Perhaps the most intriguing player in this game is Oklahoma transfer Kameron McGusty. McGusty was a solid player for two seasons in Norman, but Lon Kruger making the decision to let Trae Young do whatever the hell he wanted during the 2017-18 campaign made McGusty disappear a little bit and ultimately led to his transfer. McGusty is the perfect accent to the incumbent Miami backcourt in that he has the size that Lykes is lacking and the versatility that Vasilijevic is.
McGusty was Miami’s clear standout performer in the Flagler exhibition, controlling the offense and finishing with a game-high 20 points on 8-of-13 shooting. Depending on the lineup on the floor at the time, McGusty figures to be the responsibility of either Jordan Nwora or Dwayne Sutton.
The frontcourt is where, on paper at least, Miami is really lacking. That could change if starting center Rodney Miller’s performance against Flagler is an indication of things to come. The Oak Hill Academy product made a minimal impact for the Canes in two seasons before redshirting last year. During that year off, Miller lost 20 pounds, reshaped his body, and became adept at finishing around the rim with both hands. Conditioning remains a concern with him, as does his ability to put up respectable numbers (16 points on 8-of-12 shooting in the exhibition) against teams with a respectable inside presence.
Florida grad transfer Keith Stone was Miami’s projected starter at the four position, but he’s out Tuesday night with a knee injury. Starting in his place will be Sam Waardenburg, a 6’10 junior from New Zealand who has played a solid amount but hasn’t produced a solid amount over his first two college seasons. This is the spot in Miami’s lineup that appears to be the weakest, and the spot that Louisville — assuming Steven Enoch is fully healthy and able to demand adequate attention from Miller at the five — can really exploit. Waardenburg but is an OK rebounder, but he likes to hang around the perimeter (where he’s a capable shooter) too much for someone who’s 6’10.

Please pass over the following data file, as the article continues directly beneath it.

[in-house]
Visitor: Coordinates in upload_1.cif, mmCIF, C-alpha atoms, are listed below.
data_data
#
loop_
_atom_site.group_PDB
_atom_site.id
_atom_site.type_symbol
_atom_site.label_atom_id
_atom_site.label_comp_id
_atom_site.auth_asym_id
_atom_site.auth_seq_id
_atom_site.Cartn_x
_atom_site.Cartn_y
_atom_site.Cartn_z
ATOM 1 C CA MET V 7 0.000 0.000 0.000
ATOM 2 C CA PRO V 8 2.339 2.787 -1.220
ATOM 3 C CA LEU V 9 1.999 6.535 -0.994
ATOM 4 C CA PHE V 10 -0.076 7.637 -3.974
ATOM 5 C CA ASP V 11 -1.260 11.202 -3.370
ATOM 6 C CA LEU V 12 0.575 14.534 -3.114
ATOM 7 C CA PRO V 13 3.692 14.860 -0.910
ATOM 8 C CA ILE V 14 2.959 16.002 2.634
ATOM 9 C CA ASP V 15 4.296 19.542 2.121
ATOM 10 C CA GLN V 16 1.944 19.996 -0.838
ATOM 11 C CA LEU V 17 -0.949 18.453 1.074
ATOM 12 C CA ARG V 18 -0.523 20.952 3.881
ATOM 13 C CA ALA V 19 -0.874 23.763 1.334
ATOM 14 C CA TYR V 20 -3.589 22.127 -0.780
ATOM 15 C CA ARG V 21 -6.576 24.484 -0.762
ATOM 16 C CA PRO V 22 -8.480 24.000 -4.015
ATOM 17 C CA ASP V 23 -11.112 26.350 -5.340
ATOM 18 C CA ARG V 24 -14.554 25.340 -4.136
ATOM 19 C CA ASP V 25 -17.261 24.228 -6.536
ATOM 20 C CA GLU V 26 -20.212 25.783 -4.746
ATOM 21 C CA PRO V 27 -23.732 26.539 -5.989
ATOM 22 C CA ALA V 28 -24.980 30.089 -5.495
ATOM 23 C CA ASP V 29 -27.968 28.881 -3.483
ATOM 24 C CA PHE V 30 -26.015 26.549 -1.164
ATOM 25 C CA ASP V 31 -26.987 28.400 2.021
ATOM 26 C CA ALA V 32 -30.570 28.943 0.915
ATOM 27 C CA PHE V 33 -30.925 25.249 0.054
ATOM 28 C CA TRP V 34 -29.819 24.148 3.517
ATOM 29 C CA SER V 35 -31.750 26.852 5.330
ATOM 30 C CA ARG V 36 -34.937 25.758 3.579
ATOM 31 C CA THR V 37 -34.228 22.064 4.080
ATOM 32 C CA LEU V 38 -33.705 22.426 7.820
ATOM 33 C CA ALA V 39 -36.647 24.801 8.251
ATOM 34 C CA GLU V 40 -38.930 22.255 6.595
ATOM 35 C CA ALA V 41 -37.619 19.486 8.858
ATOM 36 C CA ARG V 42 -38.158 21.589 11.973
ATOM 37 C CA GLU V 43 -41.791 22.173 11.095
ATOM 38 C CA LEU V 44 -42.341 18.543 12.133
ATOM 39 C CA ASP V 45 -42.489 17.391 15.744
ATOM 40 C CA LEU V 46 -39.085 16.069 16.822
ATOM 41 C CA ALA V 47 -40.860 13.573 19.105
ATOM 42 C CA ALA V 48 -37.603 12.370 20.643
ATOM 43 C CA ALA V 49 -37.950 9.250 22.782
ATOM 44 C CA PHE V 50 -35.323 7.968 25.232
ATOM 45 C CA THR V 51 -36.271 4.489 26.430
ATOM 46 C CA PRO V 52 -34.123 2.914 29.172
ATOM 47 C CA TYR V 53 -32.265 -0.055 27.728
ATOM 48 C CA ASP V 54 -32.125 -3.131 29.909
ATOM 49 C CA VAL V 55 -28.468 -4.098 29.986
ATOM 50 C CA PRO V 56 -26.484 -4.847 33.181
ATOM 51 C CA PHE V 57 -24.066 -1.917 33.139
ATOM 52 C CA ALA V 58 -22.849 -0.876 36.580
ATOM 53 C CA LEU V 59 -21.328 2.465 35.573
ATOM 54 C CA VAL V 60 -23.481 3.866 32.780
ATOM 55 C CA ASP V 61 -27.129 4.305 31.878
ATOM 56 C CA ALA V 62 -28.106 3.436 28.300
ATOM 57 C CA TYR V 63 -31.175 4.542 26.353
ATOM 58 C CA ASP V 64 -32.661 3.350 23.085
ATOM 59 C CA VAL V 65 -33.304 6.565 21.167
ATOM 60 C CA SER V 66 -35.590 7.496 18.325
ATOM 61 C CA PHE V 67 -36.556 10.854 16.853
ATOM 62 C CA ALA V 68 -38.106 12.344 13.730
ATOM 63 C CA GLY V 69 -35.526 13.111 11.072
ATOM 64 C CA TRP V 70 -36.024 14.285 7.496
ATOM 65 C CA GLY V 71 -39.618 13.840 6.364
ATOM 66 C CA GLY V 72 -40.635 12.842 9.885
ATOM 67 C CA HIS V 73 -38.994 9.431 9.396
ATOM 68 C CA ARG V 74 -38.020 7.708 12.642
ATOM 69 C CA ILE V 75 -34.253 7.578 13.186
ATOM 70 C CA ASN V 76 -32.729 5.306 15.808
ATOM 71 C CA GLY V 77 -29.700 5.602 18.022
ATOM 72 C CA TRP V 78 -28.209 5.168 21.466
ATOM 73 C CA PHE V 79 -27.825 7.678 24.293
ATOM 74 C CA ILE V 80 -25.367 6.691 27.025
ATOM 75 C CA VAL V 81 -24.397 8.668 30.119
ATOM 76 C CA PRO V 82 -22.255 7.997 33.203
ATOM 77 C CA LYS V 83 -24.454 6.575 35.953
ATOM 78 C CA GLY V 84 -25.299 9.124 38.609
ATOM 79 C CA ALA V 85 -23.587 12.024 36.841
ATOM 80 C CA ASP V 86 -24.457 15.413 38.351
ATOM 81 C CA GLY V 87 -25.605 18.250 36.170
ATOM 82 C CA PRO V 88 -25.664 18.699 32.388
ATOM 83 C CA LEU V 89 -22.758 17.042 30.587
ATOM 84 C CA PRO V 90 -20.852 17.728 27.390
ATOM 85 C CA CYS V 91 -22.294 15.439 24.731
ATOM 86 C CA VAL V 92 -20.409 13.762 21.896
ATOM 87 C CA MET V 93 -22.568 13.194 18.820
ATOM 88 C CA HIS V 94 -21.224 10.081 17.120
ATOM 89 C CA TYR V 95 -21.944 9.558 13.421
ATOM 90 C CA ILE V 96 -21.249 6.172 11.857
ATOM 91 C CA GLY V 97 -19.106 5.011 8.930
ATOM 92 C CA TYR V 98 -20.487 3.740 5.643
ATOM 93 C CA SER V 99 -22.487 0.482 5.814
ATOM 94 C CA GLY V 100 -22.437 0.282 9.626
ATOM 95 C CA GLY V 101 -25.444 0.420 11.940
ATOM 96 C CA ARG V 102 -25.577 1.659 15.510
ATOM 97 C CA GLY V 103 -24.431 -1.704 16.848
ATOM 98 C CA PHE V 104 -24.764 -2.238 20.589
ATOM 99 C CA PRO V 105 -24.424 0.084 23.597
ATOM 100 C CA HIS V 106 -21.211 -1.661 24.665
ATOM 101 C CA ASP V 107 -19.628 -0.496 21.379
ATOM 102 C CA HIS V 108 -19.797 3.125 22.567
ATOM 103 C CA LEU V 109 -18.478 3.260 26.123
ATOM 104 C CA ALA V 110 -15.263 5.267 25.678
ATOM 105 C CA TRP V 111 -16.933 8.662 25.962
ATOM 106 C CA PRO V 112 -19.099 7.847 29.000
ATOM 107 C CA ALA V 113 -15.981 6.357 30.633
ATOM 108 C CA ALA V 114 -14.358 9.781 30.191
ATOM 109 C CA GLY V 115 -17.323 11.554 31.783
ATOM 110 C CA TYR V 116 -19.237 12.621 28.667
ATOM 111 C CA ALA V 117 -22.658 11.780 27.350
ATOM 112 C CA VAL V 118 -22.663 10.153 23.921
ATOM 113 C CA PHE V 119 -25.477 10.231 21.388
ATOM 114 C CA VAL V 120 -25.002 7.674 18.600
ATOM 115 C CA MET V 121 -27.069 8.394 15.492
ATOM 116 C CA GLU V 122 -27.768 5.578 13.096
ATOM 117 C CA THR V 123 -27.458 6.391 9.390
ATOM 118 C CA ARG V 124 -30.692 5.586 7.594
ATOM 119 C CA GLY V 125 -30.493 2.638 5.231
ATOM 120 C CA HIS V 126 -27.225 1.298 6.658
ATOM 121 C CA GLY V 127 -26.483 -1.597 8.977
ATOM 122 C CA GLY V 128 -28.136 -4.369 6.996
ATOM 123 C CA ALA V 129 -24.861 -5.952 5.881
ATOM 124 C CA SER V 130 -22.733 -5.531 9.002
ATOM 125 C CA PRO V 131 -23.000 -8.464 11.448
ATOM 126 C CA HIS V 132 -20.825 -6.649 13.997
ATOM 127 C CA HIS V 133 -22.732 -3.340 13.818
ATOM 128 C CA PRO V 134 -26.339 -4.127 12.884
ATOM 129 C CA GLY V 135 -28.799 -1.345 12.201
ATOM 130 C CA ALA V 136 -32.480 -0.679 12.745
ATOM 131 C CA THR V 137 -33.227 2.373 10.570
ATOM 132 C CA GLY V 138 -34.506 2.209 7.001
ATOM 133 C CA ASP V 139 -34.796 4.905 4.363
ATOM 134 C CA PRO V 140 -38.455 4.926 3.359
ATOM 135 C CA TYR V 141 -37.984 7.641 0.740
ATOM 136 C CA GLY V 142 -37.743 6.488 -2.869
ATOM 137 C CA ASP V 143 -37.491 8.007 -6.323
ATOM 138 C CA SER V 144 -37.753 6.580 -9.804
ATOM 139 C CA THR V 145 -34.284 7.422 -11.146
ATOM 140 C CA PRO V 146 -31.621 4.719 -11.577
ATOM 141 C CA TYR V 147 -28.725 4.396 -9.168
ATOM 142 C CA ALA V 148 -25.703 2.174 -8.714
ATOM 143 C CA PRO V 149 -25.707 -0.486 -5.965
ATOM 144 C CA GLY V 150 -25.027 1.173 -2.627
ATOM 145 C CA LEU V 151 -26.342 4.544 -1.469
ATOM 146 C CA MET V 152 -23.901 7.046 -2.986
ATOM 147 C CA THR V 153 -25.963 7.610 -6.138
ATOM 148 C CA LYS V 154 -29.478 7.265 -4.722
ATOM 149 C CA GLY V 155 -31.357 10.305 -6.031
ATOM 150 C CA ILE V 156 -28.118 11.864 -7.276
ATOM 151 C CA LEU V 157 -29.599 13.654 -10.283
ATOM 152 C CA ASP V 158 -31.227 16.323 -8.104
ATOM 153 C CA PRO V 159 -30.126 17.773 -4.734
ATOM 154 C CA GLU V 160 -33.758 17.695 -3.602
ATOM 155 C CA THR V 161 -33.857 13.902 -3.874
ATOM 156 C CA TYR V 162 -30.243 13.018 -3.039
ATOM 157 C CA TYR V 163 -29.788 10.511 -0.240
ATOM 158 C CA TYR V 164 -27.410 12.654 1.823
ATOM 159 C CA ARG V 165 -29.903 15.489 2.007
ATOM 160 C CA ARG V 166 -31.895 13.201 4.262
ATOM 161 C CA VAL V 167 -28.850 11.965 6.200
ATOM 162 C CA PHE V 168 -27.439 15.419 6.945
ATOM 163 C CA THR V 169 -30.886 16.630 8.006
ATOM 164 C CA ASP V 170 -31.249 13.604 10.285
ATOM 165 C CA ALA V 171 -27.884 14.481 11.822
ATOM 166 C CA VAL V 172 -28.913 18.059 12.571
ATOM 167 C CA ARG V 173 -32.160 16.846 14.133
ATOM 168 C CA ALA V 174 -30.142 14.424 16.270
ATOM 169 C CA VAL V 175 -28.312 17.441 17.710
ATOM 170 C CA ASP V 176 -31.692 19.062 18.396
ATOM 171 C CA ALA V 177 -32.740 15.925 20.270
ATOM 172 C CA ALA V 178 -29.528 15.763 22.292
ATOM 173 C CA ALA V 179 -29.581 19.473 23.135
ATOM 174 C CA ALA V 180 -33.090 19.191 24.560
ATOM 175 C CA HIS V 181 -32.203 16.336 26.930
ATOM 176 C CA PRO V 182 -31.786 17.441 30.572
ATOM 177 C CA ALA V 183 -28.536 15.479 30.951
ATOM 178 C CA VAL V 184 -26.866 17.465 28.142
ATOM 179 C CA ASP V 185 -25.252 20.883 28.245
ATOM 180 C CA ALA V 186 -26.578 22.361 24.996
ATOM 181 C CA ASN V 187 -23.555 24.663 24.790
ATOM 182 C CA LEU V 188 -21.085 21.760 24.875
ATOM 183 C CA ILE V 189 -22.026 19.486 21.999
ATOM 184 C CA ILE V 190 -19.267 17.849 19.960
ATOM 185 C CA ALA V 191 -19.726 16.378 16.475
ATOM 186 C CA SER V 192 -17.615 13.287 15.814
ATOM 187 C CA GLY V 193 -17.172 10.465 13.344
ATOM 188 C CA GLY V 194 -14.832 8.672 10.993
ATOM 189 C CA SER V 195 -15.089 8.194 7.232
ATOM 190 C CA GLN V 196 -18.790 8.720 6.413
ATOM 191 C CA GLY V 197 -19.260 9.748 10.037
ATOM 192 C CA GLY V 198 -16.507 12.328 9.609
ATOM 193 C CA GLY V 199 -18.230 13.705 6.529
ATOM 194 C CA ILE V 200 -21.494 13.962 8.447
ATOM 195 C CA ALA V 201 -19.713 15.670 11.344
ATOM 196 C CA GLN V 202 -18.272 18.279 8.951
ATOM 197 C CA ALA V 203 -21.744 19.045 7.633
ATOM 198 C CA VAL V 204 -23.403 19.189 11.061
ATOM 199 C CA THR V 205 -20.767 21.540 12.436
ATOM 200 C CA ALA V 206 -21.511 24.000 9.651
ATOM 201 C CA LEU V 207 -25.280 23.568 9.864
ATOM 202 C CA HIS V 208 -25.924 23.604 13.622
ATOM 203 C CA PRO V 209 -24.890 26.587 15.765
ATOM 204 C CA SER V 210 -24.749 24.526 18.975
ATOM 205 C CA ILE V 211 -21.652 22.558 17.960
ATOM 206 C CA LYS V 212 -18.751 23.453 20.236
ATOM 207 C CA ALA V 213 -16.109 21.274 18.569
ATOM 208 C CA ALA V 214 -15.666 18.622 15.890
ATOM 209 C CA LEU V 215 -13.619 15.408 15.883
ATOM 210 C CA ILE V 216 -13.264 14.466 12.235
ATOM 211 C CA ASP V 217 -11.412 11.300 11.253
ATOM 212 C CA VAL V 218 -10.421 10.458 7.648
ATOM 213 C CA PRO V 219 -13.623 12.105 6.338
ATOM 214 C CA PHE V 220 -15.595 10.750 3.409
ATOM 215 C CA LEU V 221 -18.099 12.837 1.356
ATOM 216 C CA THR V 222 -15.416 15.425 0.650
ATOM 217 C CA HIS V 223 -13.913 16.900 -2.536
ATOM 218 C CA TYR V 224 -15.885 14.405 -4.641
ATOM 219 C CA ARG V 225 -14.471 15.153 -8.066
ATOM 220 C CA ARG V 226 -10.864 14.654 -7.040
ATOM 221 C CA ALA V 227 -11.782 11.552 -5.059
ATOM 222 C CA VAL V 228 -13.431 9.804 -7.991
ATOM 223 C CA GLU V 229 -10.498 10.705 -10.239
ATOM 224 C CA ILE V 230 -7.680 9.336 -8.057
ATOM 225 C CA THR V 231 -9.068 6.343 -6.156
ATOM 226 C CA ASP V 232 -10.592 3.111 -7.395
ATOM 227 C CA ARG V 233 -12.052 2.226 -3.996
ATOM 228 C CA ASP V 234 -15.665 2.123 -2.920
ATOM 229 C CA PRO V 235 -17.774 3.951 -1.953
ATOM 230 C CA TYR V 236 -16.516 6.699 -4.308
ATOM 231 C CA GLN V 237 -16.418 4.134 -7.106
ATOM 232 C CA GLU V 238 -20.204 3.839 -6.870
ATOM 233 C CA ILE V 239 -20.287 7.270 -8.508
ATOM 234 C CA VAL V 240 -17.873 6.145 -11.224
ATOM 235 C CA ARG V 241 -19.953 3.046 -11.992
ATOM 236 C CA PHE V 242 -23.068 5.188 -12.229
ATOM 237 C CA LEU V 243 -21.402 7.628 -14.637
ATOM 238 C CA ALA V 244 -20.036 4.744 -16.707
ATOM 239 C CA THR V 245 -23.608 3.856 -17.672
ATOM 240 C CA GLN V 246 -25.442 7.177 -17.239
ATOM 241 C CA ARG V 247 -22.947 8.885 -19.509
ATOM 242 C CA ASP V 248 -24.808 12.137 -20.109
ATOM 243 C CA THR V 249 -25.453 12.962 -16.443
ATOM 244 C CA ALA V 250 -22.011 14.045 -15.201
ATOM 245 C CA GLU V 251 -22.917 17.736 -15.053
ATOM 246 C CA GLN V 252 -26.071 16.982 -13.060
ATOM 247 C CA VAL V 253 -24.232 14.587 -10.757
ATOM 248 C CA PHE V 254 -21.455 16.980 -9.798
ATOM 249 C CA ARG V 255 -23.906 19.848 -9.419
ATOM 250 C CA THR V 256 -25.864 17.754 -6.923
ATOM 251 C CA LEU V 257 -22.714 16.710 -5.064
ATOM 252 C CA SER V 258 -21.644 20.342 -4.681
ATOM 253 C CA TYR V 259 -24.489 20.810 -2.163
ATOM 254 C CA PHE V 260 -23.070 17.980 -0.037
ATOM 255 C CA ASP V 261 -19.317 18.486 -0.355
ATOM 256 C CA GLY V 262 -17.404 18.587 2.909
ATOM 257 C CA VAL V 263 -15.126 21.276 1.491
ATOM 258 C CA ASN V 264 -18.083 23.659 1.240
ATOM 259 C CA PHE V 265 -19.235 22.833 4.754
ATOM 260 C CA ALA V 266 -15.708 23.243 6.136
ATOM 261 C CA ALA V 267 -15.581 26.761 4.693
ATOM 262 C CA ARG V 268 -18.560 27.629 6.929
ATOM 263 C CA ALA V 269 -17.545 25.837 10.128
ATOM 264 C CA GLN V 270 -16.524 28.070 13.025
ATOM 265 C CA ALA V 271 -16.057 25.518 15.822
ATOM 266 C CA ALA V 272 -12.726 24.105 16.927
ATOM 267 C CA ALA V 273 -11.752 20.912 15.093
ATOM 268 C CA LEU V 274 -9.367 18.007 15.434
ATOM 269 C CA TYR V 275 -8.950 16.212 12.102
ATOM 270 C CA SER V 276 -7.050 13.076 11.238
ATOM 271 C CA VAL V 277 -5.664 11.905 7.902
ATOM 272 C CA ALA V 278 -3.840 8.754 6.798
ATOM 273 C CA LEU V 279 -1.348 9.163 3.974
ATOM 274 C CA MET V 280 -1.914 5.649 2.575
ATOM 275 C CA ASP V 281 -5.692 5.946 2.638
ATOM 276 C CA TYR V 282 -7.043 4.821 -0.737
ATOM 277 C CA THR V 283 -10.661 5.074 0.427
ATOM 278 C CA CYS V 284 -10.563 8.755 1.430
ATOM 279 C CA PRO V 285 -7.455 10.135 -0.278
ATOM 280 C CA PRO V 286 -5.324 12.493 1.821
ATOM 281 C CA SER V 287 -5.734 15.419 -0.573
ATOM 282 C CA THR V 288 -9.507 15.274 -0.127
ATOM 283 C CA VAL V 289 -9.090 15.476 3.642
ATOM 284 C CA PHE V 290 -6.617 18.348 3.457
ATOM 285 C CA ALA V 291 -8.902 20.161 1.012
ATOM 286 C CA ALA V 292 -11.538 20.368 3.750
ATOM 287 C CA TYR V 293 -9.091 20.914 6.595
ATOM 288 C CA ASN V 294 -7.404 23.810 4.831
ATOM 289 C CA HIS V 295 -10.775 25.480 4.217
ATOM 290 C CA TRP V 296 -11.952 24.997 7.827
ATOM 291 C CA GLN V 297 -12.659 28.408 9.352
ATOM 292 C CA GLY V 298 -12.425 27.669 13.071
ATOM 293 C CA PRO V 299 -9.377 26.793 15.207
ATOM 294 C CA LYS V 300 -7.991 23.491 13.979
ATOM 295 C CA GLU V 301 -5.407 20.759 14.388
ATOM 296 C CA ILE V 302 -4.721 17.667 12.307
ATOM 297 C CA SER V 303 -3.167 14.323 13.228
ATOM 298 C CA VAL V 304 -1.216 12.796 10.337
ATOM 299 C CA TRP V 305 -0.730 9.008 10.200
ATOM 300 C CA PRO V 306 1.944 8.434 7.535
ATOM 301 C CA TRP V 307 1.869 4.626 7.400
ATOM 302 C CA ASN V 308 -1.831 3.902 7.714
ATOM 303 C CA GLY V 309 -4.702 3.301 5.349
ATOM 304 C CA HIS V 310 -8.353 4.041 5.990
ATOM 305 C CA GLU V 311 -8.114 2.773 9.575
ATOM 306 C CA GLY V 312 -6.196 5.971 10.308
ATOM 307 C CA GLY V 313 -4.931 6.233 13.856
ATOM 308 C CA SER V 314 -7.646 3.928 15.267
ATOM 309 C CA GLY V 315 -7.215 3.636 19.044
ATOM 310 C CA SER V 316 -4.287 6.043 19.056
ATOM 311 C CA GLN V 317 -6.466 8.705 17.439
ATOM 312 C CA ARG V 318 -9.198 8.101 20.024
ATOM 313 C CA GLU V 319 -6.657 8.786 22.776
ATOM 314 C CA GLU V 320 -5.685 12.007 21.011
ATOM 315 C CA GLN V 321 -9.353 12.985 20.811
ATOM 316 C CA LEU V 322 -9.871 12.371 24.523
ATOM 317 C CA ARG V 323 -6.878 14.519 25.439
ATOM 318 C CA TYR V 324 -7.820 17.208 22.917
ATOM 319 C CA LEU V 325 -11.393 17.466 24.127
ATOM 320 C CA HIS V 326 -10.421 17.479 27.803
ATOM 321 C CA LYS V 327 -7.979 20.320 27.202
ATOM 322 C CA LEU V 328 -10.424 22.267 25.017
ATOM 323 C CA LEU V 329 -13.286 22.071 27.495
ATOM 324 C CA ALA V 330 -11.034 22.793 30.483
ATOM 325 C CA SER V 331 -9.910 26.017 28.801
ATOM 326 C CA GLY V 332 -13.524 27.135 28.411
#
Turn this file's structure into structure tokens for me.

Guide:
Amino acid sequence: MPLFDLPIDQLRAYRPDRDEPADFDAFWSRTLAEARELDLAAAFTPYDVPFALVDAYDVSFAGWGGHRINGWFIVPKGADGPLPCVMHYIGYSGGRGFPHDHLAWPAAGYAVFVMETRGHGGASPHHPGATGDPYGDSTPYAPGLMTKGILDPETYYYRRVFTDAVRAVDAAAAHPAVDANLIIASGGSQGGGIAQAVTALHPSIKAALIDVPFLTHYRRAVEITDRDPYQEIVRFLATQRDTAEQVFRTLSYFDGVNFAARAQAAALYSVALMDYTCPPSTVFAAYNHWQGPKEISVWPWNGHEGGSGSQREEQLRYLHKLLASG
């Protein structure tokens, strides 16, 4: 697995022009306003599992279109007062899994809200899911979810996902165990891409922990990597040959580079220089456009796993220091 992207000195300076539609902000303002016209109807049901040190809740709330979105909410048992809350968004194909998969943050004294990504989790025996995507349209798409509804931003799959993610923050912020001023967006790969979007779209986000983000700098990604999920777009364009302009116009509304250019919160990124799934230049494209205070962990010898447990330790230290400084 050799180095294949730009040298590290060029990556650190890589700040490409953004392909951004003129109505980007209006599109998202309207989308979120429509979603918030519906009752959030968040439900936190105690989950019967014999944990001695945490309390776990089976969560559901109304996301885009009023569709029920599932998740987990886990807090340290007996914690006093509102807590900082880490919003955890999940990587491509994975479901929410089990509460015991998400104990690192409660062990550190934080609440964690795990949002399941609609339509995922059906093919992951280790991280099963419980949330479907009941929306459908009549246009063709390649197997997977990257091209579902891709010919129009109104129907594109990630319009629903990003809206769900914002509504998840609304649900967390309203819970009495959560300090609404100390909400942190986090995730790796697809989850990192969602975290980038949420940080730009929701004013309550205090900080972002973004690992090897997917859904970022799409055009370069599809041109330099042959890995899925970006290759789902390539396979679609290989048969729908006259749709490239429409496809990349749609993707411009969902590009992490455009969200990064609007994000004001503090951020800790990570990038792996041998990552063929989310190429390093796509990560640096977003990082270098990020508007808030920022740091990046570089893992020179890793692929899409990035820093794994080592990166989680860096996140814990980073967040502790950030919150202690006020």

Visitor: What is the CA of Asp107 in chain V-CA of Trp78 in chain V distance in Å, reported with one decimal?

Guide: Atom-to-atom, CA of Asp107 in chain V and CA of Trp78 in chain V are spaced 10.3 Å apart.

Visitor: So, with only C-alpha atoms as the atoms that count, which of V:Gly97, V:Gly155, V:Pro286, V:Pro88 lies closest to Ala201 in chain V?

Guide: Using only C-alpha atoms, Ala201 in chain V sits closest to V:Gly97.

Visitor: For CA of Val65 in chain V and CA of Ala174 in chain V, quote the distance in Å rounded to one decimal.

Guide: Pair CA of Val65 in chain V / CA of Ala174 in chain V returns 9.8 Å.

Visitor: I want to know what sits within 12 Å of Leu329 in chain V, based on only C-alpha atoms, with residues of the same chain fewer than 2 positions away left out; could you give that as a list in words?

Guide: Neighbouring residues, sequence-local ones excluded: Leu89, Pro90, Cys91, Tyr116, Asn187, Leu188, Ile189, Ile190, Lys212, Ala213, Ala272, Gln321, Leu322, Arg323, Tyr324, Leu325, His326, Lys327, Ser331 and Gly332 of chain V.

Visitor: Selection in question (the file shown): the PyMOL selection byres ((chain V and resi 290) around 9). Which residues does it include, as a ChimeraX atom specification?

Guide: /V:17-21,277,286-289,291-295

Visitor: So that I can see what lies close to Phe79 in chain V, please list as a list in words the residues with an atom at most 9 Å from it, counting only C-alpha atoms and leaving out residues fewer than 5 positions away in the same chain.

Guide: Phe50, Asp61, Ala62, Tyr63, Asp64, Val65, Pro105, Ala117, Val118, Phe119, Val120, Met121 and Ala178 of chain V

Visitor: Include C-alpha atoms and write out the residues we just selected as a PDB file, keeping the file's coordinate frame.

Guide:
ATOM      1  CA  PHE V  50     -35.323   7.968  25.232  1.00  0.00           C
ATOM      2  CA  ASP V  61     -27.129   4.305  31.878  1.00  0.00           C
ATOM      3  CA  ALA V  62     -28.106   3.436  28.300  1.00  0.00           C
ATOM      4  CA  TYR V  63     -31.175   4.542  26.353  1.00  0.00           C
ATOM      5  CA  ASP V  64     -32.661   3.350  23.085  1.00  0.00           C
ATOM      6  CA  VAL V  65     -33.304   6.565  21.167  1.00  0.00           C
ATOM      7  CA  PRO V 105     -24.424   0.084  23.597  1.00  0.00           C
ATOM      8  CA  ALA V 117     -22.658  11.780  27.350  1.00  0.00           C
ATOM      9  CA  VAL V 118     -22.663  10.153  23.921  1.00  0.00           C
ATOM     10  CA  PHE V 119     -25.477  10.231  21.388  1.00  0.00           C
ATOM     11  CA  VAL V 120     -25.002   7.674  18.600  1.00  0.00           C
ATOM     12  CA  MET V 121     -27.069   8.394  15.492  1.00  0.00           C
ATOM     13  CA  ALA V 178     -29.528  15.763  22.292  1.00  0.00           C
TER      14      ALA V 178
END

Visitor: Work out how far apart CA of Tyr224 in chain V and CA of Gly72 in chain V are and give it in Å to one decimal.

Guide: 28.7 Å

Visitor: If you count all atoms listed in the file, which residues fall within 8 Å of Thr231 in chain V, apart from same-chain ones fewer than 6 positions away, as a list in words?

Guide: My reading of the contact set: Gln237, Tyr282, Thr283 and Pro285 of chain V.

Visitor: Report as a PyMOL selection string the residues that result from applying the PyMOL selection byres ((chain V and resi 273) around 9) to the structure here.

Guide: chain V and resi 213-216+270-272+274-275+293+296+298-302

Miami isn’t as rail thin on the bench as they were a year ago, but the ‘Canes aren’t exactly bursting with capable reserves either. Freshmen Isaiah Wong and Harlond Beverly are both combo guards who were top 80 recruits in the class of 2019. Both got solid minutes and played well in the exhibition against Flagler. Another freshman, 6’9 forward Anthony Walker, also played 17 minutes and was 3-for-6 from the field. Redshirt sophomore big man Deng Gak was a player Louisville actively recruited once upon a time, but he has yet to make a major impact in college, partly because of a knee injury that ended his 2018-19 campaign after just eight games. Expect to see him play 15-20 minutes off the bench.